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Community Life and the Apostolate

When we reflect on arriving at a proper perspective of what community life means for us, it is
important to clarify the nature of our community life together. Community life will mean one thing
for the trappists or for cloistered religious, while it will mean something quite different for our
congregations engaged in the active apostolate. We need to recognize the apostolic nature of our
community.

Community implies much more than just living under the same roof, eating a meal together, even
praying together; it must become a place of honest communication in trust and mutual respect.
Community life should be a space in which we can share our deepest dreams and hopes which
shape our identity, just as Gaspar and Maria de Mattias had dreams and were able to enthuse others
with their dreams. That is how our communities were formed in the first place! And it is in the
sharing of our histories and traditions and in transmitting them from one generation to another that
we grow in communion and we reaffirm time and again who we are and what are the values which
we share as a community. Living community life is about sharing in a profound respect and
gratitude for the dreamers of yesteryear. In the Eucharistic Table whose dreams are shared and put
onto the Table to be celebrated and remembered.

Often in community life, we have inflicted wounds on ourselves. The younger members at times in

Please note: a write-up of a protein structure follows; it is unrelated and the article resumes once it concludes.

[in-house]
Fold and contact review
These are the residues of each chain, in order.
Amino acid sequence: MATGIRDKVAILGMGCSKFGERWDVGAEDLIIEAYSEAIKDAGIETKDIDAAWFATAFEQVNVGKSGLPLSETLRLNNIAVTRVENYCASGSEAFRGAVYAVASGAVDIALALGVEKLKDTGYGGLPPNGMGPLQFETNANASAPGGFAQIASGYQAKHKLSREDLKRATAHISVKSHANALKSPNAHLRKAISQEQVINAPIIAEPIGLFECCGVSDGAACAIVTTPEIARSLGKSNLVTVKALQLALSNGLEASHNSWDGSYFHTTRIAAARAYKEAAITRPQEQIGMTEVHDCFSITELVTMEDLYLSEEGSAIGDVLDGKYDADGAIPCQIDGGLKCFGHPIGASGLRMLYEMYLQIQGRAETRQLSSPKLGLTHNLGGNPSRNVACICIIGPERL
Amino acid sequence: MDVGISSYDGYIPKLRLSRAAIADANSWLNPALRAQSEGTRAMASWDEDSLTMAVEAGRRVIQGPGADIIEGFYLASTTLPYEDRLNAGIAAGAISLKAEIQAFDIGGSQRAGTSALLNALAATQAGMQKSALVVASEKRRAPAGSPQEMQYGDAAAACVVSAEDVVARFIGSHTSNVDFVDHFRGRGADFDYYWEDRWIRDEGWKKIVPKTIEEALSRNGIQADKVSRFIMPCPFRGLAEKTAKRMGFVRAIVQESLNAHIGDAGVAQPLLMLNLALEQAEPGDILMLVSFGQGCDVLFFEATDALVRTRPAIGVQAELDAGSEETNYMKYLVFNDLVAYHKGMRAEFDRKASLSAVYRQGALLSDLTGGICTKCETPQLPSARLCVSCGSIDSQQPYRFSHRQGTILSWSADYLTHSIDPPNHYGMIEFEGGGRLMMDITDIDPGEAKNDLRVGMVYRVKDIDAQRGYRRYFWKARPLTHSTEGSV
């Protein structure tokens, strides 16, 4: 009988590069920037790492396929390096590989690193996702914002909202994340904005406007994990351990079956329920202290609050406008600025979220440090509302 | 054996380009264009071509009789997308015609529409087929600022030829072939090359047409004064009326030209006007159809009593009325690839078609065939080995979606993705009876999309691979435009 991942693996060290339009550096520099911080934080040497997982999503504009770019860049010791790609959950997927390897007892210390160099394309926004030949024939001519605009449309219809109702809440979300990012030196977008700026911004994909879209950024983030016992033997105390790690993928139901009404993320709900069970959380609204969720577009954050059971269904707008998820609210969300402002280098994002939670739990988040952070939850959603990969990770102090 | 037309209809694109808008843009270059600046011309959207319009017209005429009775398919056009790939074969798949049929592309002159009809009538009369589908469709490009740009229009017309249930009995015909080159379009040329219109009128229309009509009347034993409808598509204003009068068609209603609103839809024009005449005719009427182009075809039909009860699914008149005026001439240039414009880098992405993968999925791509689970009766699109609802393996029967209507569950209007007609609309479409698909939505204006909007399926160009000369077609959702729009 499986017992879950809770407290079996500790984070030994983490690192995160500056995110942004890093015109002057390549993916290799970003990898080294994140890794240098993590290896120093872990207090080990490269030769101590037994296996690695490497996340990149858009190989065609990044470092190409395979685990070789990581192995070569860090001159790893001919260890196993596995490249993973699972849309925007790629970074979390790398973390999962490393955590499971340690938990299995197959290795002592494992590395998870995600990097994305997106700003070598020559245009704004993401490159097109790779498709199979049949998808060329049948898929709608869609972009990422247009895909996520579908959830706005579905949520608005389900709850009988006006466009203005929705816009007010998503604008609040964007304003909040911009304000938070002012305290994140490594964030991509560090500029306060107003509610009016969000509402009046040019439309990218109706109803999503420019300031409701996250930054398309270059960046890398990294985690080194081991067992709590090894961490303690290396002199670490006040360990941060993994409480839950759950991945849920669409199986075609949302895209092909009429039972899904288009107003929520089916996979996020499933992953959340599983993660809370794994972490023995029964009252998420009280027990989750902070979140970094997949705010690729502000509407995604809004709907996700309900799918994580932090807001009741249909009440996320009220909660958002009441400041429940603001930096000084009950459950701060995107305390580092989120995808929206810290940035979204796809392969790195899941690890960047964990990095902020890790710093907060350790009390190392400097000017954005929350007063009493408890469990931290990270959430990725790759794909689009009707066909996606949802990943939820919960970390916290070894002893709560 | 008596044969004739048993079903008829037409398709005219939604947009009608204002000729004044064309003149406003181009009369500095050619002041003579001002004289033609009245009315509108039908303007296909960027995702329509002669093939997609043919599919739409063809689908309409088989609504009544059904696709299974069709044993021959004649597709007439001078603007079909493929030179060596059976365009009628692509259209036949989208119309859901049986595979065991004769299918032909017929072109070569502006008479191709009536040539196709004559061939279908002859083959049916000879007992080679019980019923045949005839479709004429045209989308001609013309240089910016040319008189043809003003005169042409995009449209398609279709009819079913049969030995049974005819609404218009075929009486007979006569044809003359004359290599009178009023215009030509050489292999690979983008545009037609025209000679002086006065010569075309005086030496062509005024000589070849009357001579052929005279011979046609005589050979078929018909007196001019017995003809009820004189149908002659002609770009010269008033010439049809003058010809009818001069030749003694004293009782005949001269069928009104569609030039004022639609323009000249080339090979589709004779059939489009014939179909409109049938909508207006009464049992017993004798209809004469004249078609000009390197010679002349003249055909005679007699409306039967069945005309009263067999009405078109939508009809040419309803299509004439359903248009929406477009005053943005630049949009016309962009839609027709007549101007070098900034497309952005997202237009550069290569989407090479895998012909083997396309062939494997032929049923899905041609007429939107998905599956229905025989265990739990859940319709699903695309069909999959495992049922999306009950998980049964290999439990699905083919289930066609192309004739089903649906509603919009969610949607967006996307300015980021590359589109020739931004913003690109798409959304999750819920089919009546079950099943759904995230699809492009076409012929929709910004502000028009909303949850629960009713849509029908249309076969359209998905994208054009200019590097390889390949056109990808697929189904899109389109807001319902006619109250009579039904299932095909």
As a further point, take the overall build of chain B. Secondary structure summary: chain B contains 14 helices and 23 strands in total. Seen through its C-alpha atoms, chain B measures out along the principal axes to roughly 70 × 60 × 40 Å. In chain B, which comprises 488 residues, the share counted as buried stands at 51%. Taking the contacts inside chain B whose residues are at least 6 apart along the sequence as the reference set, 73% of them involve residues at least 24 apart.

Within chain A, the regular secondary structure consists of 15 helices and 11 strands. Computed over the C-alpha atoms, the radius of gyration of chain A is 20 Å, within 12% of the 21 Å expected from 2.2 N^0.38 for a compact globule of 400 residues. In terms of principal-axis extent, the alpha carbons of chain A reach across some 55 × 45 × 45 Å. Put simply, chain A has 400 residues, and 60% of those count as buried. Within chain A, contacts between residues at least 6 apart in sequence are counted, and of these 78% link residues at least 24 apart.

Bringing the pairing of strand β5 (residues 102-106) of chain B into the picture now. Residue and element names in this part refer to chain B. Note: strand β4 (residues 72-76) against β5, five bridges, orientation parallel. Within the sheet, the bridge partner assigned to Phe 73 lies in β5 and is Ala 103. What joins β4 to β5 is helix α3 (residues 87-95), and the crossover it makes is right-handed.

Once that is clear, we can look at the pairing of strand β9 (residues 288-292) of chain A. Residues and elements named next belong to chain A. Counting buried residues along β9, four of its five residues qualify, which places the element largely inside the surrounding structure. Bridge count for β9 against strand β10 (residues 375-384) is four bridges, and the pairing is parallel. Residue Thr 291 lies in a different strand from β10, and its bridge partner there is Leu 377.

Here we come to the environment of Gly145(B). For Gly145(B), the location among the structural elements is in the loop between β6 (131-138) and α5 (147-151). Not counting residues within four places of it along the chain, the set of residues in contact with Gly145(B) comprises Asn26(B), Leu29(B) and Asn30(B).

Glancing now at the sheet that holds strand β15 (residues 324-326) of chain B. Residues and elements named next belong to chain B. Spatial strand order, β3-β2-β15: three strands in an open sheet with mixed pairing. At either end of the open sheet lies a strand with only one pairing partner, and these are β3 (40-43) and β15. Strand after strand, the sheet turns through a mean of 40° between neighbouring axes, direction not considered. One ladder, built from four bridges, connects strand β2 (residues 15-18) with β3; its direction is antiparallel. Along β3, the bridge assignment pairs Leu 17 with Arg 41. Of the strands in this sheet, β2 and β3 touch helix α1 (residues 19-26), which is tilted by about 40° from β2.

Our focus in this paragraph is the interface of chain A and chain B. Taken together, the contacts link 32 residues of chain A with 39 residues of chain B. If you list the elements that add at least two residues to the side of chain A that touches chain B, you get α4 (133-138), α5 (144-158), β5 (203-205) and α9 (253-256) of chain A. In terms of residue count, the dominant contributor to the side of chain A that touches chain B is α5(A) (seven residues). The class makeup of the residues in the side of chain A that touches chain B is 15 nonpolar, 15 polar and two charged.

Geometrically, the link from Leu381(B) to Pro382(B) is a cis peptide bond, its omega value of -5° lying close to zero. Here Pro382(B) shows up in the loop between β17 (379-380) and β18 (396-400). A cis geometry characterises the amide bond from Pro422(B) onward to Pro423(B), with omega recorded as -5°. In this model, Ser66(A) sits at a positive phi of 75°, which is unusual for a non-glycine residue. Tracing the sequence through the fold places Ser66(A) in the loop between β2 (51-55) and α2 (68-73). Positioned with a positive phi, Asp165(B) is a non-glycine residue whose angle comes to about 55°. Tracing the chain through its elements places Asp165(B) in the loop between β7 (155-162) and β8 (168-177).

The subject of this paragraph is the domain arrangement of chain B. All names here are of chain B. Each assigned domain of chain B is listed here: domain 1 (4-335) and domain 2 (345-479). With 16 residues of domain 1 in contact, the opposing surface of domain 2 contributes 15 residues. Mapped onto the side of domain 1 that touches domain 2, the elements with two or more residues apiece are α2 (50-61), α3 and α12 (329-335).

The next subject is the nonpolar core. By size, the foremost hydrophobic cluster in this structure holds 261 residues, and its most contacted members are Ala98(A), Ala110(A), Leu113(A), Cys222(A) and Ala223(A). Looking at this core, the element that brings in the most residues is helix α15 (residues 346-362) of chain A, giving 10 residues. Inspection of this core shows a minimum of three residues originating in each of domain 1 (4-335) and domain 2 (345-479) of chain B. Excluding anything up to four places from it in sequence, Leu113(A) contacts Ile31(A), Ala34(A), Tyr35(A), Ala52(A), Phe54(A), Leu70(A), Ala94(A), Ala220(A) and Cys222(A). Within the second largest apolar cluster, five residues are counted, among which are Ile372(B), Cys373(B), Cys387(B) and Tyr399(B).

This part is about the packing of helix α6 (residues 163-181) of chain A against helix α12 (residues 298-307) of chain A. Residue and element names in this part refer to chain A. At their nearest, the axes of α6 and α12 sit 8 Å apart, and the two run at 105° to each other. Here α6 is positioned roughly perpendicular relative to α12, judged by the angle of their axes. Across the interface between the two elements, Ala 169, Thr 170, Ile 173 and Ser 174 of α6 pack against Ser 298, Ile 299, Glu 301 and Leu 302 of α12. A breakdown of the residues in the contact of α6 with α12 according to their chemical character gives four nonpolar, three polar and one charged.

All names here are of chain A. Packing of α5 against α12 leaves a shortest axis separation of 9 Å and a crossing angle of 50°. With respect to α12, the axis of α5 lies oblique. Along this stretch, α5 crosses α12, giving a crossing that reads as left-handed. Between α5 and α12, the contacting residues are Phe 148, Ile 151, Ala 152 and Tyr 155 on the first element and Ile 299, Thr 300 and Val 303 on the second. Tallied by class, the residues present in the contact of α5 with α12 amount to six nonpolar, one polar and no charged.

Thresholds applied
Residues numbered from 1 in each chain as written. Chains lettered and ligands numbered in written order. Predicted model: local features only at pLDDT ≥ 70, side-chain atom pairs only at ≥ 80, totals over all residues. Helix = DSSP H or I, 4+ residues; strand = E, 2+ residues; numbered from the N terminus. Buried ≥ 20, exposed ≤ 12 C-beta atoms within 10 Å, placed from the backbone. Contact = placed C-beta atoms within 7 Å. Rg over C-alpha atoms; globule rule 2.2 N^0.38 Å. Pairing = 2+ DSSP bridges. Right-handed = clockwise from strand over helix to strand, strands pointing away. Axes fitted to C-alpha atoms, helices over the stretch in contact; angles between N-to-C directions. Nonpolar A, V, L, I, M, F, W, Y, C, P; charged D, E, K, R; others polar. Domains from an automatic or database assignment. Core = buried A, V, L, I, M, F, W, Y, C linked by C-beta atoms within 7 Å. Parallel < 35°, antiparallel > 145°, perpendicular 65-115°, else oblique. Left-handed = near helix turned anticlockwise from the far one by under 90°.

their impatience do not recognize the contributions and lifetime of hard work and dedication and
Christian witness of their predecessors, and at the same time, it can be that the older members
criticize and find fault with the ideas and initiatives of the younger members who search for new
ways of expressing the charism and spirituality for this day. We need to somehow heal these
wounds which, if left alone, can fester and embitter the spirit.

As religious communities under the title of the Blood of Christ, we are called to mission through the
Blood. How important it is that we discern together where we hear and see the Cry of the Blood in
today's world and in our day-to-day living! We are not mavericks. We are not individualists. We
are in a community-with-a-mission. Too often we go about our business completely oblivious as to
what the other person is doing. And unfortunately, sometimes we don't even care. We are so
concerned about doing a good job ourselves!

We often boast that hospitality is a characteristic of our communities. Strangers and guests feel
welcomed in our midst as we open our doors to receive them as we would receive Christ. Indeed
living a true spirit of hospitality is an important part of our life in community.

Living hospitality in community life is much more than being good hosts to visitors, although this is
important! But much more basic to the concept of hospitality is that of "breaking and sharing the